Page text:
A recent in-vitro study, suggests that a specific strain of probiotic bacteria, Enterococcus faecalis, may possess anti-cancer properties.

The study revealed that the bacteria, that were isolated from the vaginal microbiota of a group of Iranian women, produce certain by-products which appear to promote apoptosis, or programmed cell death, in the 4 different cancer cell lines that were studied. Importantly however, the bacteria was not found to have any detrimental effect on the life-span of healthy ‘control’ cells.

The 4 cancer cell lines that the probiotic was tested on were: AGS (gastric cancer cells), HeLa (cervical cancer cells), MCF-7 (breast cancer cells) and HT-29 (colo-rectal cancer cells). Proteins secreted by the bacteria seem to signal the cancer cells to ‘commit suicide’, whilst not causing any significant side-effects or damage to normal, healthy cells. Incidentally we've talked about apoptosis before, with regards to a study on grape seed extract here.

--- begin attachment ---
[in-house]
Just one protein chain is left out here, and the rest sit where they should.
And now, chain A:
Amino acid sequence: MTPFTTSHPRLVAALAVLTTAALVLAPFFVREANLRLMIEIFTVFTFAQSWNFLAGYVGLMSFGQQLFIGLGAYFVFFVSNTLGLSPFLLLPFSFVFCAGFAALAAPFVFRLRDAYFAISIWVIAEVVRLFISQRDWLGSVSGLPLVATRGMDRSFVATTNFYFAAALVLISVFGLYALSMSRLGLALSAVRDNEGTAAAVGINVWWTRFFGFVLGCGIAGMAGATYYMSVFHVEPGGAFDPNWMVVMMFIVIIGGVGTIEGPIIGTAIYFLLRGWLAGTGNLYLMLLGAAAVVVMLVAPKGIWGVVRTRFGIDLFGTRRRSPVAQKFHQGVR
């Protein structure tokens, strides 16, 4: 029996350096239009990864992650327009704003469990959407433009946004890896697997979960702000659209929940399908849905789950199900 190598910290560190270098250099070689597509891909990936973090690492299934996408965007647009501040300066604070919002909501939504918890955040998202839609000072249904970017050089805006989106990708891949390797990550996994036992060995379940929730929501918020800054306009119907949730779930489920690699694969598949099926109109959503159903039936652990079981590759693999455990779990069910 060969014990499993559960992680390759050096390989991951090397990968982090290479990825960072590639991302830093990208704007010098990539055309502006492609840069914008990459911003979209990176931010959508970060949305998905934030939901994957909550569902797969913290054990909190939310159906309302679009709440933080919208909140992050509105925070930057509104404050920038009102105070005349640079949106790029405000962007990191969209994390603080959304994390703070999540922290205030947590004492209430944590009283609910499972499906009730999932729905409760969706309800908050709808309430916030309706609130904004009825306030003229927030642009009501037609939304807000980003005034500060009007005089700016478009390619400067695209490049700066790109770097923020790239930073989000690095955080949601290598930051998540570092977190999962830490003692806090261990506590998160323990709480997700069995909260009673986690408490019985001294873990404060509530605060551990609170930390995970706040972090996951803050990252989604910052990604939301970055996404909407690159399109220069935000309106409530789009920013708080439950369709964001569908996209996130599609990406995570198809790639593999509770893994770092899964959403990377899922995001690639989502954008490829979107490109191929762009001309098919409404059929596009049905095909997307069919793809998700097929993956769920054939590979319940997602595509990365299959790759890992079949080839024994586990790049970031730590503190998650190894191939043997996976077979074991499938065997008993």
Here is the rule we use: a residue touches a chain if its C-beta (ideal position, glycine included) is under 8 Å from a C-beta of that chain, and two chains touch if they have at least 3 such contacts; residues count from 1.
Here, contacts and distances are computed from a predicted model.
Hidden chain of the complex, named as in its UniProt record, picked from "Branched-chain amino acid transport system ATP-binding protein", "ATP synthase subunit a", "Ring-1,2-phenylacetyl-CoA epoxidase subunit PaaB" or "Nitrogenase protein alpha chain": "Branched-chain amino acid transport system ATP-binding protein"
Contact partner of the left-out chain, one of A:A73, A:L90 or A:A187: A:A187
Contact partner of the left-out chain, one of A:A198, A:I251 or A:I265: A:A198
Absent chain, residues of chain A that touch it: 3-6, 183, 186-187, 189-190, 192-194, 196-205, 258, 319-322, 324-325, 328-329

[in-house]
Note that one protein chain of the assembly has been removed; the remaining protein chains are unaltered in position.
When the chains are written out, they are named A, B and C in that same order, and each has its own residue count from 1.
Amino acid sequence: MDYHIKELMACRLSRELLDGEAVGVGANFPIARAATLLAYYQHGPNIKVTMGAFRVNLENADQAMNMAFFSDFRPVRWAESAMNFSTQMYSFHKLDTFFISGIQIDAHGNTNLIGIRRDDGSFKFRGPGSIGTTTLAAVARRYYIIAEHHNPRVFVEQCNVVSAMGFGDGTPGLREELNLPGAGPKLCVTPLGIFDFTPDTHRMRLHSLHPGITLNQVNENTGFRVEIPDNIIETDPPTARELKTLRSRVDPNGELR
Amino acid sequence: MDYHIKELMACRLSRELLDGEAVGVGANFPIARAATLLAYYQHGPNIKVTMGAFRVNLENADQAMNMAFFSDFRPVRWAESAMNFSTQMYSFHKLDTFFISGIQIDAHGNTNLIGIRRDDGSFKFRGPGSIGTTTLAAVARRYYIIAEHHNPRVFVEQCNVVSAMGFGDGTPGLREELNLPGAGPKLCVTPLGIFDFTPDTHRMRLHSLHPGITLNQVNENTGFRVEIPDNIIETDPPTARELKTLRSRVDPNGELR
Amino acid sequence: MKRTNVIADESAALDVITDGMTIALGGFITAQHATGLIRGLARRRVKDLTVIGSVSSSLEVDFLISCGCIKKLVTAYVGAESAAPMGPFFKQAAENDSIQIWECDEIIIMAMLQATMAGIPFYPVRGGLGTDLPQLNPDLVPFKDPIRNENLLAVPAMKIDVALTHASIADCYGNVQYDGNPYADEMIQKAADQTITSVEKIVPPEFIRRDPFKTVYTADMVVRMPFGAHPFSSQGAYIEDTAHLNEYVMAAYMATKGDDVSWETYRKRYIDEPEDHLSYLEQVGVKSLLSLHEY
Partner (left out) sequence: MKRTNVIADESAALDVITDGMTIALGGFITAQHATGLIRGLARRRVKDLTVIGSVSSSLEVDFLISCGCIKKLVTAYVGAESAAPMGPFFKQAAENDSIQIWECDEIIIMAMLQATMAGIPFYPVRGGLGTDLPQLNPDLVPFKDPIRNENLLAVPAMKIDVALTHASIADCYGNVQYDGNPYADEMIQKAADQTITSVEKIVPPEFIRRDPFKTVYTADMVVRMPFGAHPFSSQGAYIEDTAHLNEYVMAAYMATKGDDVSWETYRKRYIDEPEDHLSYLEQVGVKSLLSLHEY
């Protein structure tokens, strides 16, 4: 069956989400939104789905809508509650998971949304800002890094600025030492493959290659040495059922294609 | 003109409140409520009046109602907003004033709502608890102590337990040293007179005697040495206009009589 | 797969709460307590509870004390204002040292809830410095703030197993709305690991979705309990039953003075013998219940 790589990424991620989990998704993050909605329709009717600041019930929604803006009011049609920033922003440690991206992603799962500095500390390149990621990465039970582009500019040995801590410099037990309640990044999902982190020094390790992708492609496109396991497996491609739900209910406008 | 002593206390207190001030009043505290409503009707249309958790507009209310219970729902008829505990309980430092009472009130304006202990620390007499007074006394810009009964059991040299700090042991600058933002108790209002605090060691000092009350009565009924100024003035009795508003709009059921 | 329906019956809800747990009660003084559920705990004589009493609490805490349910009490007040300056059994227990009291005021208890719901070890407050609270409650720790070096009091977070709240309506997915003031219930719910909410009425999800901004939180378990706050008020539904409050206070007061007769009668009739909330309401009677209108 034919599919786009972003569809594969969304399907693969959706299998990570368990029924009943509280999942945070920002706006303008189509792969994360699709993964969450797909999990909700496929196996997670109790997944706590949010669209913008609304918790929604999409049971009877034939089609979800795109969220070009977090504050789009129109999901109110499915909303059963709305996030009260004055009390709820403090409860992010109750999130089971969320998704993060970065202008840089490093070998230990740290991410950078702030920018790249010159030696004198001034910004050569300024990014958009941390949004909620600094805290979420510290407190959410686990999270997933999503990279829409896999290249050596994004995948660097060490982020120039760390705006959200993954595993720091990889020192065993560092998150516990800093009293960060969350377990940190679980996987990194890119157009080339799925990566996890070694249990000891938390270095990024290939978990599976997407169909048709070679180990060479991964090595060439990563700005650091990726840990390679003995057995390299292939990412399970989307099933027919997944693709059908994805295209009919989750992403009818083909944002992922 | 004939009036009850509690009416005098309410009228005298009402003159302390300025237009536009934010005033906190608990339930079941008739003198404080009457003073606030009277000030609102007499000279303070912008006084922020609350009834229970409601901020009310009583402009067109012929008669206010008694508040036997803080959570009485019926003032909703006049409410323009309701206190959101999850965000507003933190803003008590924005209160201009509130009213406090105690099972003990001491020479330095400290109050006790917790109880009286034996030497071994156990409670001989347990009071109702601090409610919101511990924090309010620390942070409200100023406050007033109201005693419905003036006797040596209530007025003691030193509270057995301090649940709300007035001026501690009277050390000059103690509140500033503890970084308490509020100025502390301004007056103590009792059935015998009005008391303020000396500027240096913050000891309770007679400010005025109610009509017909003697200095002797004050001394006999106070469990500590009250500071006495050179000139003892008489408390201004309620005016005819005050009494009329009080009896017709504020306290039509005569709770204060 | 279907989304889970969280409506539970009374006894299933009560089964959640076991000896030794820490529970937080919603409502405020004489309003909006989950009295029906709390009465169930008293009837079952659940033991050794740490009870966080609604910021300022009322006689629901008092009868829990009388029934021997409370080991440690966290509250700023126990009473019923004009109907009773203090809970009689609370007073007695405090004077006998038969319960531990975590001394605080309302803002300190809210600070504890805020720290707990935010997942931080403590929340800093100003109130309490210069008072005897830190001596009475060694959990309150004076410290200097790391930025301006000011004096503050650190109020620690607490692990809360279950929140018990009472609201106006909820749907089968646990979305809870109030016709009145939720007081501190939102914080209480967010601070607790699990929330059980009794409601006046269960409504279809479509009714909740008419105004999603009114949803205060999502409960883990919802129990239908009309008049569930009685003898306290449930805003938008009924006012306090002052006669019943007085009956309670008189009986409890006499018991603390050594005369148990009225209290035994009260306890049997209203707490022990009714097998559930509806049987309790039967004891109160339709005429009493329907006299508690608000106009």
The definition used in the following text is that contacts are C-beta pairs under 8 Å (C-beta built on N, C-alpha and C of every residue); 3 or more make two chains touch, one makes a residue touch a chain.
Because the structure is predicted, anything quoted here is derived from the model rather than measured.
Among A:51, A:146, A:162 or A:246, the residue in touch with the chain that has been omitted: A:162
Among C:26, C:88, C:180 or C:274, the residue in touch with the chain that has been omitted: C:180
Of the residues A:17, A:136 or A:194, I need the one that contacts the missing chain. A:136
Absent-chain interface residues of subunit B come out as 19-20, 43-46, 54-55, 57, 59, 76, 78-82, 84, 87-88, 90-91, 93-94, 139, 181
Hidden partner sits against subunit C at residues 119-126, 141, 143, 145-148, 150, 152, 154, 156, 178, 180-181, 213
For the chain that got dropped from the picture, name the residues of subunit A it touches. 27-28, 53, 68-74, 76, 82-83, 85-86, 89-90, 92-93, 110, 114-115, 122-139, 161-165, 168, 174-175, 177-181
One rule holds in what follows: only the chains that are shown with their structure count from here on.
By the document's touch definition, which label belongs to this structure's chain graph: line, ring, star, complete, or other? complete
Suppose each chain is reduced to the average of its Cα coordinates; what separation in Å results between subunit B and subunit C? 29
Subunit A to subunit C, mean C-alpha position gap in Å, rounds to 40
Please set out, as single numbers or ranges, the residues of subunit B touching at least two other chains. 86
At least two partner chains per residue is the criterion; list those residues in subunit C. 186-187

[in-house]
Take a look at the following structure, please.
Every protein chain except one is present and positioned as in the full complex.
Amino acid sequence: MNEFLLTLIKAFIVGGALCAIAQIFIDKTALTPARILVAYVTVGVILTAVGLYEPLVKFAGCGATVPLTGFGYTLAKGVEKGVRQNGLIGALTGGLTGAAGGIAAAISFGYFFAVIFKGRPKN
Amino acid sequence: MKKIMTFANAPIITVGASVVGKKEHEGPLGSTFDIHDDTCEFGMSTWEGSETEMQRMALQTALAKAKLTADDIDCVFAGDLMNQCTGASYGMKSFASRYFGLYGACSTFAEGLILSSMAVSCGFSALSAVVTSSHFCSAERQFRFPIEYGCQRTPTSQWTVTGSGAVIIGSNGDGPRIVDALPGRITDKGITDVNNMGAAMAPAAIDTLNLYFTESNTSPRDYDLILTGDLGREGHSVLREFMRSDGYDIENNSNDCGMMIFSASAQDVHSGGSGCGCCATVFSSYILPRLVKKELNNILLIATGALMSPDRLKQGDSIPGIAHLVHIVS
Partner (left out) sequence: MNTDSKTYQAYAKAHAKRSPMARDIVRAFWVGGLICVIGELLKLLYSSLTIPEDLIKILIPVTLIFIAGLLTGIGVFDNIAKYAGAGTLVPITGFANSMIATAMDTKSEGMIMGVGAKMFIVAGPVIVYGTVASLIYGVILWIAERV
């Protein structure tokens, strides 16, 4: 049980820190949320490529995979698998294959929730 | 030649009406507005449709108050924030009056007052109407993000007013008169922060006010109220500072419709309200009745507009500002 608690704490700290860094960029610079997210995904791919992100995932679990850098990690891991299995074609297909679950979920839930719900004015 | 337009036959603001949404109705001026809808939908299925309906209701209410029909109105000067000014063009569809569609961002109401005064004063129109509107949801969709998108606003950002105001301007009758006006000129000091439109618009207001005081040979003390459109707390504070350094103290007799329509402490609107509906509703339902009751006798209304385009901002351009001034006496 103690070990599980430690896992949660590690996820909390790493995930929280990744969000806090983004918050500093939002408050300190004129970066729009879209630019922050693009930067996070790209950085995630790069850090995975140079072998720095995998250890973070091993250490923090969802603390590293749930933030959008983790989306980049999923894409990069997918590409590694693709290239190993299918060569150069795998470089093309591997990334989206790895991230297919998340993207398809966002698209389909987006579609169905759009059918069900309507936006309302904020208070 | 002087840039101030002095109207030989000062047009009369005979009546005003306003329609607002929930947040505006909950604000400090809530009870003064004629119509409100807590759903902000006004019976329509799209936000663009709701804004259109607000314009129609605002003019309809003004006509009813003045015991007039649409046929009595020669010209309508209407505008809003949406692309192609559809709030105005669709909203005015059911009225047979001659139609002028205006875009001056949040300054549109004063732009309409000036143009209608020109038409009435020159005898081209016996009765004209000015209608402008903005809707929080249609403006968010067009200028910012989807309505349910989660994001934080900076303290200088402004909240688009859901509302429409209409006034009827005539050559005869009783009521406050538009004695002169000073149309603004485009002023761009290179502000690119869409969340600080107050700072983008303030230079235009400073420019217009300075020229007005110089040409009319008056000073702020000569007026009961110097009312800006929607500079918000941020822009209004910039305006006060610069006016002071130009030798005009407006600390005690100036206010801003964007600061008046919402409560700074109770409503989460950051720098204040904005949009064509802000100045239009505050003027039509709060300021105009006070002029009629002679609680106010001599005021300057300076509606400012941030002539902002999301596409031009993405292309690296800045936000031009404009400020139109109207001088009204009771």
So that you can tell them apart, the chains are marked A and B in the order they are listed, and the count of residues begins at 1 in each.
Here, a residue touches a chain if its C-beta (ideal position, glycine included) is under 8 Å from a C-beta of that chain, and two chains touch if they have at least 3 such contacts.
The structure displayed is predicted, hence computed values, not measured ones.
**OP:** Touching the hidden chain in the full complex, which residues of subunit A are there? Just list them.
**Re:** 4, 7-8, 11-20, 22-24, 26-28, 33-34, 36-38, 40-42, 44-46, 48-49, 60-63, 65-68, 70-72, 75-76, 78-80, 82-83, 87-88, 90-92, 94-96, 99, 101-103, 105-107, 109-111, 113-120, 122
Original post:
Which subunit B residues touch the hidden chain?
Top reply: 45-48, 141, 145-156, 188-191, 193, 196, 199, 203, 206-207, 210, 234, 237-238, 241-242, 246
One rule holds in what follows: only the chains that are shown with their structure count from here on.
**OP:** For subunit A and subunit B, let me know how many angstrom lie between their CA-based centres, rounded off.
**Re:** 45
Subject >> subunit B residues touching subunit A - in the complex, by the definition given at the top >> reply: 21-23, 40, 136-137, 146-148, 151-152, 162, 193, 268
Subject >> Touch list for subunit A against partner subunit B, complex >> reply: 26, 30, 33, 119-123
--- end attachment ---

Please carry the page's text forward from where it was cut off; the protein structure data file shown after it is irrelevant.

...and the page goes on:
At OptiBac Probiotics we are keen to point out that this study does not infer that all probiotic strains possess anti-cancer properties, but it is however a very exciting finding, and one that we hope will initiate more research in to the potential use of probiotics against various different cancer types.

Our new FAQ on female health looks at other strains of friendly bacteria found in a healthy vagina, and details the best strains of live cultures to supplement to positively influence vaginal health. Click here to read more.

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